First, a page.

Many, but not all, published by professional organization _____Yes _____No Published by commercial publishers or individuals but some from professional organizations _____Yes _____No Published commercially with the intent to entertain the reader, sell products, or promote a viewpoint _____Yes _____No Commercially published to arouse curiosity and play to popular superstition; use flashy astonishing headlines _____Yes _____No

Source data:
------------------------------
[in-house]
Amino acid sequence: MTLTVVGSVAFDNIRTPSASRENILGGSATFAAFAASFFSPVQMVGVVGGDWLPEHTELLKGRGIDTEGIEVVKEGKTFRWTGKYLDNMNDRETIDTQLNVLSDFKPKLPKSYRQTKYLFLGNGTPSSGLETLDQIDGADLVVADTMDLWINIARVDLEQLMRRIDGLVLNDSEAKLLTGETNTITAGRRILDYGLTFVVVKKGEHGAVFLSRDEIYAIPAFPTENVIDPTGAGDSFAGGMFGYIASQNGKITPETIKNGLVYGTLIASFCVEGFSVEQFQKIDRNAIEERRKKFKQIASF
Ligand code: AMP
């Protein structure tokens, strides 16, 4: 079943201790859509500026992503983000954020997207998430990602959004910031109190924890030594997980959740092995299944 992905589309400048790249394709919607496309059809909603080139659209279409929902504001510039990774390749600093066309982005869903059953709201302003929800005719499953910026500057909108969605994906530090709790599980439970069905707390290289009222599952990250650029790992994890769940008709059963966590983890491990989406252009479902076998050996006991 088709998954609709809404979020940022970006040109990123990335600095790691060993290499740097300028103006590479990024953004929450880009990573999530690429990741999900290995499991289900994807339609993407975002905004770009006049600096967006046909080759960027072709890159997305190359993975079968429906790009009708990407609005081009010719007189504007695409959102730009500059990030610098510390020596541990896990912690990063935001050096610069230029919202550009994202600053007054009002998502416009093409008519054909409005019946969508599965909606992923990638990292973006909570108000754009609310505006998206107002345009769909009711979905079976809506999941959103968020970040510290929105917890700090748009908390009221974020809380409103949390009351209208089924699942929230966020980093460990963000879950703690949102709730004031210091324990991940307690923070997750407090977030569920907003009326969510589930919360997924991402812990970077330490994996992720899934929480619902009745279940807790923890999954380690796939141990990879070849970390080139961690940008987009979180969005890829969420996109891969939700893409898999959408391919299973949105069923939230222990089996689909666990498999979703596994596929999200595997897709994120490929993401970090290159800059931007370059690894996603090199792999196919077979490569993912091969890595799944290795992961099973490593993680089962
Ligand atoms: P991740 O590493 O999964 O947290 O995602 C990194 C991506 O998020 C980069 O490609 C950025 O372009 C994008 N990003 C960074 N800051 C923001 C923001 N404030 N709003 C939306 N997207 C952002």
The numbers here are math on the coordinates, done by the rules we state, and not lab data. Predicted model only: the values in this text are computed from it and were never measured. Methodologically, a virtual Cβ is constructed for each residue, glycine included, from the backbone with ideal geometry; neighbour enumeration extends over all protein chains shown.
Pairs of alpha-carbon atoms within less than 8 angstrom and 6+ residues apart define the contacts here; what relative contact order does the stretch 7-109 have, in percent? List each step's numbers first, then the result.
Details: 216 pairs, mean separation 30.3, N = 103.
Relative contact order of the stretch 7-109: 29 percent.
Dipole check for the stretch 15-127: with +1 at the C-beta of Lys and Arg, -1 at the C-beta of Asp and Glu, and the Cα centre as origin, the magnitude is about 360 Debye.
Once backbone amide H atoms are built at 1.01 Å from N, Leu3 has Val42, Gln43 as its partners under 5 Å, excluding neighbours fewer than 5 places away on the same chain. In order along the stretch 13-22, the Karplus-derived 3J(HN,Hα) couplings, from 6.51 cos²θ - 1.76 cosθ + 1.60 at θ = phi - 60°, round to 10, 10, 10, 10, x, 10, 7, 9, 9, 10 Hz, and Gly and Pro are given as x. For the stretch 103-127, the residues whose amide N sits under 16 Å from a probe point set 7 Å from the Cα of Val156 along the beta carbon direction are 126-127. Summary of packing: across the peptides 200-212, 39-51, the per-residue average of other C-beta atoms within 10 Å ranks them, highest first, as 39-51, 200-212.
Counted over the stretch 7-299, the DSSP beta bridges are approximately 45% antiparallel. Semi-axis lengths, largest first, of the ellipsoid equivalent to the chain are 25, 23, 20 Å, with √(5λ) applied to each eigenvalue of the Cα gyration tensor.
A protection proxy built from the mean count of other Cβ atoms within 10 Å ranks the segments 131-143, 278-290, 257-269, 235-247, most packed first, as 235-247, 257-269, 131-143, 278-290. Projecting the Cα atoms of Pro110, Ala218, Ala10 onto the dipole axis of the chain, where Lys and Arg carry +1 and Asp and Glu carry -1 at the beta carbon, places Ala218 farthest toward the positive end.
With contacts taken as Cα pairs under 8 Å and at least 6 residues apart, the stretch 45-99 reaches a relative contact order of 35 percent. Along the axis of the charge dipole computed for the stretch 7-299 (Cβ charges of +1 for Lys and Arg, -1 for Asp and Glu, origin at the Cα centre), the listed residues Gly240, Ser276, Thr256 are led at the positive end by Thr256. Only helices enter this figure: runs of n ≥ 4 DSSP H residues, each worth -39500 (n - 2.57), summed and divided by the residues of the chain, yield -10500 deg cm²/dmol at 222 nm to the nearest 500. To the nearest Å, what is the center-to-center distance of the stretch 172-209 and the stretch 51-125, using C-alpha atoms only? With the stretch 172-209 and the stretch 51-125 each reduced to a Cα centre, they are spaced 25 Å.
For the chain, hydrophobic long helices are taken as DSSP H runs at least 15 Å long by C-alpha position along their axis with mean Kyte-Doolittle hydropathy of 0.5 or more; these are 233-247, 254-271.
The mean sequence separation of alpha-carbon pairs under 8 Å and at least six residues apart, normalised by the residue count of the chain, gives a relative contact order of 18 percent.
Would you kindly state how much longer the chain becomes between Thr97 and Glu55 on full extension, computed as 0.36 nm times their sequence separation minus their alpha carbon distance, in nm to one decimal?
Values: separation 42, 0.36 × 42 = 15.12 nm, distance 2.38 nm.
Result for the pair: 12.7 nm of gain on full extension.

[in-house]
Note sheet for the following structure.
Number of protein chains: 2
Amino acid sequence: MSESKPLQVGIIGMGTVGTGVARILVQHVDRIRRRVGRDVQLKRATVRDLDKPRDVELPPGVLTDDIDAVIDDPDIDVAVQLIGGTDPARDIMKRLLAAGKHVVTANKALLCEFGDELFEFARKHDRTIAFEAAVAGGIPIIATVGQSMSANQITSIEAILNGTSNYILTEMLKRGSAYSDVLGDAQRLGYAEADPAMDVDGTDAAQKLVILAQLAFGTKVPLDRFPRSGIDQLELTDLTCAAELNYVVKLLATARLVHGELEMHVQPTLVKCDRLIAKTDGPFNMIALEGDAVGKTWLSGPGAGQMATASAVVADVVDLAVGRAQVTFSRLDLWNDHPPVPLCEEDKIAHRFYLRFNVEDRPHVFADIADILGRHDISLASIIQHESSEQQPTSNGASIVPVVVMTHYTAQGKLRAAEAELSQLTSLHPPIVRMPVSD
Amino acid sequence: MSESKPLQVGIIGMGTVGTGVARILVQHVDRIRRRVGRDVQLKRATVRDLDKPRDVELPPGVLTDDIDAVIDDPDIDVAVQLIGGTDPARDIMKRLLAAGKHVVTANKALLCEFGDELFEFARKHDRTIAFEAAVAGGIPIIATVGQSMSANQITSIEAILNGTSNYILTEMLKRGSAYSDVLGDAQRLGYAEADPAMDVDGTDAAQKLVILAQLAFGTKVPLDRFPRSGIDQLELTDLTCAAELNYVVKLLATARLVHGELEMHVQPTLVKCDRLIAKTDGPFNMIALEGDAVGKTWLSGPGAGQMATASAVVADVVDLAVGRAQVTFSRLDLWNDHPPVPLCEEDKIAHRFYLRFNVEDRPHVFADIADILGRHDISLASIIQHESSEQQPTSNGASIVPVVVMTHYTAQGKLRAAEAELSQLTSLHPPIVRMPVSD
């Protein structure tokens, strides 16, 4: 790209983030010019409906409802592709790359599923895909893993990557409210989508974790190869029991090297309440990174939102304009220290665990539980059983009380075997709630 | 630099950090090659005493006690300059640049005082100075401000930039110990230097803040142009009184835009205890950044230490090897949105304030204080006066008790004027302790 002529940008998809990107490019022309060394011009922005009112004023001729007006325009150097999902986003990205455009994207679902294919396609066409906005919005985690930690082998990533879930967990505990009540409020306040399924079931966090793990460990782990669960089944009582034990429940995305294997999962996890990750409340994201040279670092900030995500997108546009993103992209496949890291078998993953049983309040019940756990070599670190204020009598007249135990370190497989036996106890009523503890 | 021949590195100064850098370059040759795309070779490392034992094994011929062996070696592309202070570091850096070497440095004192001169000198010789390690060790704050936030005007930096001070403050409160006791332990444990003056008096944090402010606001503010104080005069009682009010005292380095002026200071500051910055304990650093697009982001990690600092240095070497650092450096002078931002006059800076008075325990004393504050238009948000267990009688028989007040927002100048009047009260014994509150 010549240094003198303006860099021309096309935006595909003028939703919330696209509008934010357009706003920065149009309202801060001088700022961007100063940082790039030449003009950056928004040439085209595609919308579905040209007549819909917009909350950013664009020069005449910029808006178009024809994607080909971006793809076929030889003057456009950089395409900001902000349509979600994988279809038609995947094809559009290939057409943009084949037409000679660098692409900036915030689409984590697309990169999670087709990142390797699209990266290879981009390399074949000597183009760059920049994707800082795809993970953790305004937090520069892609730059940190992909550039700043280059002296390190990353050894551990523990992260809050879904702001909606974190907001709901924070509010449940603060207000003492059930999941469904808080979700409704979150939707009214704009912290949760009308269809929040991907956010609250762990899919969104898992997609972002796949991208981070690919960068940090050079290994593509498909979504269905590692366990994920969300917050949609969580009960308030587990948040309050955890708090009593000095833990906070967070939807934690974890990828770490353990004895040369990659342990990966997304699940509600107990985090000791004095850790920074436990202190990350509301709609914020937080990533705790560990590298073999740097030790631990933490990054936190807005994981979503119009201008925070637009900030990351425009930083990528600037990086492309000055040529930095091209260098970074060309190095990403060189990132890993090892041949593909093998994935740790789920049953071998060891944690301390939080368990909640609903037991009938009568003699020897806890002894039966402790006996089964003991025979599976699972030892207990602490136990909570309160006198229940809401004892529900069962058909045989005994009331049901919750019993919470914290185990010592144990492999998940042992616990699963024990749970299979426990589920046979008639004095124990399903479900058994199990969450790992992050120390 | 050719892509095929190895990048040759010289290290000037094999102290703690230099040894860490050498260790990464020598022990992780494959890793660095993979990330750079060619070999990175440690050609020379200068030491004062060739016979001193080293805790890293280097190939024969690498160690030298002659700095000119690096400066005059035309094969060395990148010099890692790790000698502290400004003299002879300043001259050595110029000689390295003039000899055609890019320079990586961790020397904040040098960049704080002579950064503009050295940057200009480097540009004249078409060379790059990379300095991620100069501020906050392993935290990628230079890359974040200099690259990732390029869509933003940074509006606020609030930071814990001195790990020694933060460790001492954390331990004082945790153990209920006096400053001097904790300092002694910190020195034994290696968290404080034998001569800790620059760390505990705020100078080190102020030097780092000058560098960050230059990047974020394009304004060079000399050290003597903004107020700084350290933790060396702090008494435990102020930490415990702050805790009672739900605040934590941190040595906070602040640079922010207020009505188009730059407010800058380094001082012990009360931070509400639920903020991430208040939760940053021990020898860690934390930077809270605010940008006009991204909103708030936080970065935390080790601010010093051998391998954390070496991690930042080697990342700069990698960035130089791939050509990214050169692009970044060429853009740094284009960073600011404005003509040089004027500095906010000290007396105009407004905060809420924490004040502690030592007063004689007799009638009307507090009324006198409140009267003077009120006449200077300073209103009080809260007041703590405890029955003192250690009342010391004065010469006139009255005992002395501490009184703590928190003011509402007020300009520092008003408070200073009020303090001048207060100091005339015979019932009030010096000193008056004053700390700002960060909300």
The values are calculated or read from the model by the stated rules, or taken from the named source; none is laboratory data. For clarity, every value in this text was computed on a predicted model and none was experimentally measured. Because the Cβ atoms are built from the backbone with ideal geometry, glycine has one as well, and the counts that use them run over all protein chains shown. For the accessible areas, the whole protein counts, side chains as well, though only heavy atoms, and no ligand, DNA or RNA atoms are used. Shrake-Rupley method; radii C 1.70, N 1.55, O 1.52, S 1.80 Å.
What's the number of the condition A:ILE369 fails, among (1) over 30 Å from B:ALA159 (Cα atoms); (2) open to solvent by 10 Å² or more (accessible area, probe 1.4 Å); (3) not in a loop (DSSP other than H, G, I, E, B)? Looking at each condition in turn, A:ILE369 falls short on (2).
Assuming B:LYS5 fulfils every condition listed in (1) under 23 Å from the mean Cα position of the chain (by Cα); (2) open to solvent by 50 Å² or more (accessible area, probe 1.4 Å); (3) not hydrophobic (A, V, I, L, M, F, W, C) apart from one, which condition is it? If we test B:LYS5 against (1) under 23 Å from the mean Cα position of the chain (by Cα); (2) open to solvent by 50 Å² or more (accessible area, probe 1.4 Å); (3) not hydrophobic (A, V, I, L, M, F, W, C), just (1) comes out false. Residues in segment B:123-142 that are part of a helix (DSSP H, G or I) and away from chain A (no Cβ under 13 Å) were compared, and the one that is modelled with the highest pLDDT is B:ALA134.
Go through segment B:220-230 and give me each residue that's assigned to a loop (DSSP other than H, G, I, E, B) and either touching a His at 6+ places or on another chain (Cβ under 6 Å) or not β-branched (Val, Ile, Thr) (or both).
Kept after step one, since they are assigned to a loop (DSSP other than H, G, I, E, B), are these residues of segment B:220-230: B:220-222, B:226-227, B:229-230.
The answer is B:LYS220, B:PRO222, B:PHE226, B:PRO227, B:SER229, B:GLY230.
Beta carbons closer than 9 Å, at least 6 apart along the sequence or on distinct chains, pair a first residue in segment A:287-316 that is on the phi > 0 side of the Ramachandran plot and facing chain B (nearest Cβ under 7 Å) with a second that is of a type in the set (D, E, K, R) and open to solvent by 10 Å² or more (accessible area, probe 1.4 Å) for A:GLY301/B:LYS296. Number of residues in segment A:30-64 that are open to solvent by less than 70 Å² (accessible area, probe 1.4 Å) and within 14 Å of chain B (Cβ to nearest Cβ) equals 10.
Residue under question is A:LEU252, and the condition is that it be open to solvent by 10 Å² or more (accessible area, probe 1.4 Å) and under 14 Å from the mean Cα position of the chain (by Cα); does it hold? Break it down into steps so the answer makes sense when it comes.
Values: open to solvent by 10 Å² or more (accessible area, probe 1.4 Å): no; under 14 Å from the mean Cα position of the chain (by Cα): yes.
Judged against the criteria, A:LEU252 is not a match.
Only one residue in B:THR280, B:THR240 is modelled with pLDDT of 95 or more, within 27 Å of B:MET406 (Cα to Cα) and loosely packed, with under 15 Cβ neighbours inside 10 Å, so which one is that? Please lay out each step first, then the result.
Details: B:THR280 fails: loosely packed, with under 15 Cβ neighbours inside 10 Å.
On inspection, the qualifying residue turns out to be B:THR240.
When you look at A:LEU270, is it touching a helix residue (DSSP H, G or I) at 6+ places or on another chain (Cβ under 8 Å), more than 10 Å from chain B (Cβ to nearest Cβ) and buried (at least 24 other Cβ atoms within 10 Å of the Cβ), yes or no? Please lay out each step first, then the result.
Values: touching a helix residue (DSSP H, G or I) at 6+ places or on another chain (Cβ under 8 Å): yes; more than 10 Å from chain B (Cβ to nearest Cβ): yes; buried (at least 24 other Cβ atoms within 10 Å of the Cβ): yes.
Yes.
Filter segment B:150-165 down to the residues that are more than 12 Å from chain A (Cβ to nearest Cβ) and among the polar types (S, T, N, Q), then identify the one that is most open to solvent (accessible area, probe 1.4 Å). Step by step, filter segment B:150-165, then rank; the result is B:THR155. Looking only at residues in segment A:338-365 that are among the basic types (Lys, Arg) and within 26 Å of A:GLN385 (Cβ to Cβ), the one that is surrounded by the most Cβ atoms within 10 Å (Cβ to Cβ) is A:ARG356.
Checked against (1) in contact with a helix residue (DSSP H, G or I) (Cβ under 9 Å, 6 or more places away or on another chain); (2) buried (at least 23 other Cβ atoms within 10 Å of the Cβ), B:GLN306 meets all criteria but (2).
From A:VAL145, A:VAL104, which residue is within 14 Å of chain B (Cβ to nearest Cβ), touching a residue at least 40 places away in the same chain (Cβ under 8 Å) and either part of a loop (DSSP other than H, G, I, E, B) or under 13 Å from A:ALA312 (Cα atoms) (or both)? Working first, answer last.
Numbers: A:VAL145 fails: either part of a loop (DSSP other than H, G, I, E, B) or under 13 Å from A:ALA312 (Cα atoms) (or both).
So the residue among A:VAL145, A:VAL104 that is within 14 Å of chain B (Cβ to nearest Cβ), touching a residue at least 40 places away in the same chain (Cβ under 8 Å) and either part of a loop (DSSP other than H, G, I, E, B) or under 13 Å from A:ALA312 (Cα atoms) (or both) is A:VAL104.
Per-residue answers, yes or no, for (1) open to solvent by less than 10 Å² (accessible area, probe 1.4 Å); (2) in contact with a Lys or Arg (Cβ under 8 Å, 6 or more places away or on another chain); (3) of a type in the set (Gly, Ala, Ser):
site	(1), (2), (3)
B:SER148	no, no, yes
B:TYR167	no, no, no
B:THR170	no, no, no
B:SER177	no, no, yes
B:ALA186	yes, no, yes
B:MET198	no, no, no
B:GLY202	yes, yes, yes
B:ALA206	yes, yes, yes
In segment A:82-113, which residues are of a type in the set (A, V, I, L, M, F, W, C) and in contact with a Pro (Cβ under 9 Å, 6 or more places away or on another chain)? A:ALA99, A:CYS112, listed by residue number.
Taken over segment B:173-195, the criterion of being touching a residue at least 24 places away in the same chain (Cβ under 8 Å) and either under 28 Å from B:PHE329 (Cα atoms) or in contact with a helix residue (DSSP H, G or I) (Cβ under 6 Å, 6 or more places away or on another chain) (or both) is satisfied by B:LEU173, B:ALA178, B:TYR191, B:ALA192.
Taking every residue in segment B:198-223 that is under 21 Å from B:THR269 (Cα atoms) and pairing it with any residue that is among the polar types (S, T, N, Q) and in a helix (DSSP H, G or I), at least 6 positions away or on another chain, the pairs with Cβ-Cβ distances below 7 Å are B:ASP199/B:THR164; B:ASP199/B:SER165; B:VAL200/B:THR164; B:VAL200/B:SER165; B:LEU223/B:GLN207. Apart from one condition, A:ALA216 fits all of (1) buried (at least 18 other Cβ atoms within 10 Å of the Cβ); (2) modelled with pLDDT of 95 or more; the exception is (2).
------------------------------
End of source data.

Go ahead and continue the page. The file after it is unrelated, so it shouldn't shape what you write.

CHAPTER 4 CHOOSING A RESEARCH DESIGN QUESTIONS TO PONDER How are correlational and causal relationships similar, and how are they different? Can a causal relationship be bidirectional? Explain and give an example. What are the defining features of correlational research? Why is it inappropriate to draw causal inferences from correlational data? Under what conditions is correlational research preferred over experimental research? What are the characteristics of experimental research? What is the relationship between an independent and a dependent variable in an experiment? What is the value of doing a demonstration? How do extraneous variables affect your research? What can be done to control extraneous variables? How does a demonstration differ from a true experiment? What is internal validity, and why is it important? What factors threaten internal validity? How do confounding variables threaten internal validity, and how can they be avoided? What is external validity, and when is it important to have high levels of external validity? How do internal and external validity relate to one another? What is a simulation, and why would you use one? How does the realism of a simulation relate to the validity of the results obtained from a simulation? What are the defining features of laboratory and field research? What are the relative advantages and disadvantages of laboratory and field research? CHAPTER OUTLINE Functions of a Research Design Causal Versus Correlational Relationships Correlational Research An Example of Correlational Research: Cell Phone Use and Accidents Behavior Causation and the Correlational Approach Why Use Correlational Research? Experimental Research Characteristics of Experimental Research An Example of Experimental Research: Cell Phone Use While Driving Strengths and Limitations of the Experimental Approach Experiments Versus Demonstrations Internal and External Validity Internal Validity External Validity Internal Versus External Validity Research Settings The Laboratory Setting The Field Setting A Look Ahead Summary Key Terms causal relationship correlational relationship correlational research third-variable problem directionality problem experimental research independent variable treatments dependent variable experimental group control group extraneous variable random assignment demonstration internal validity confounding external validity simulation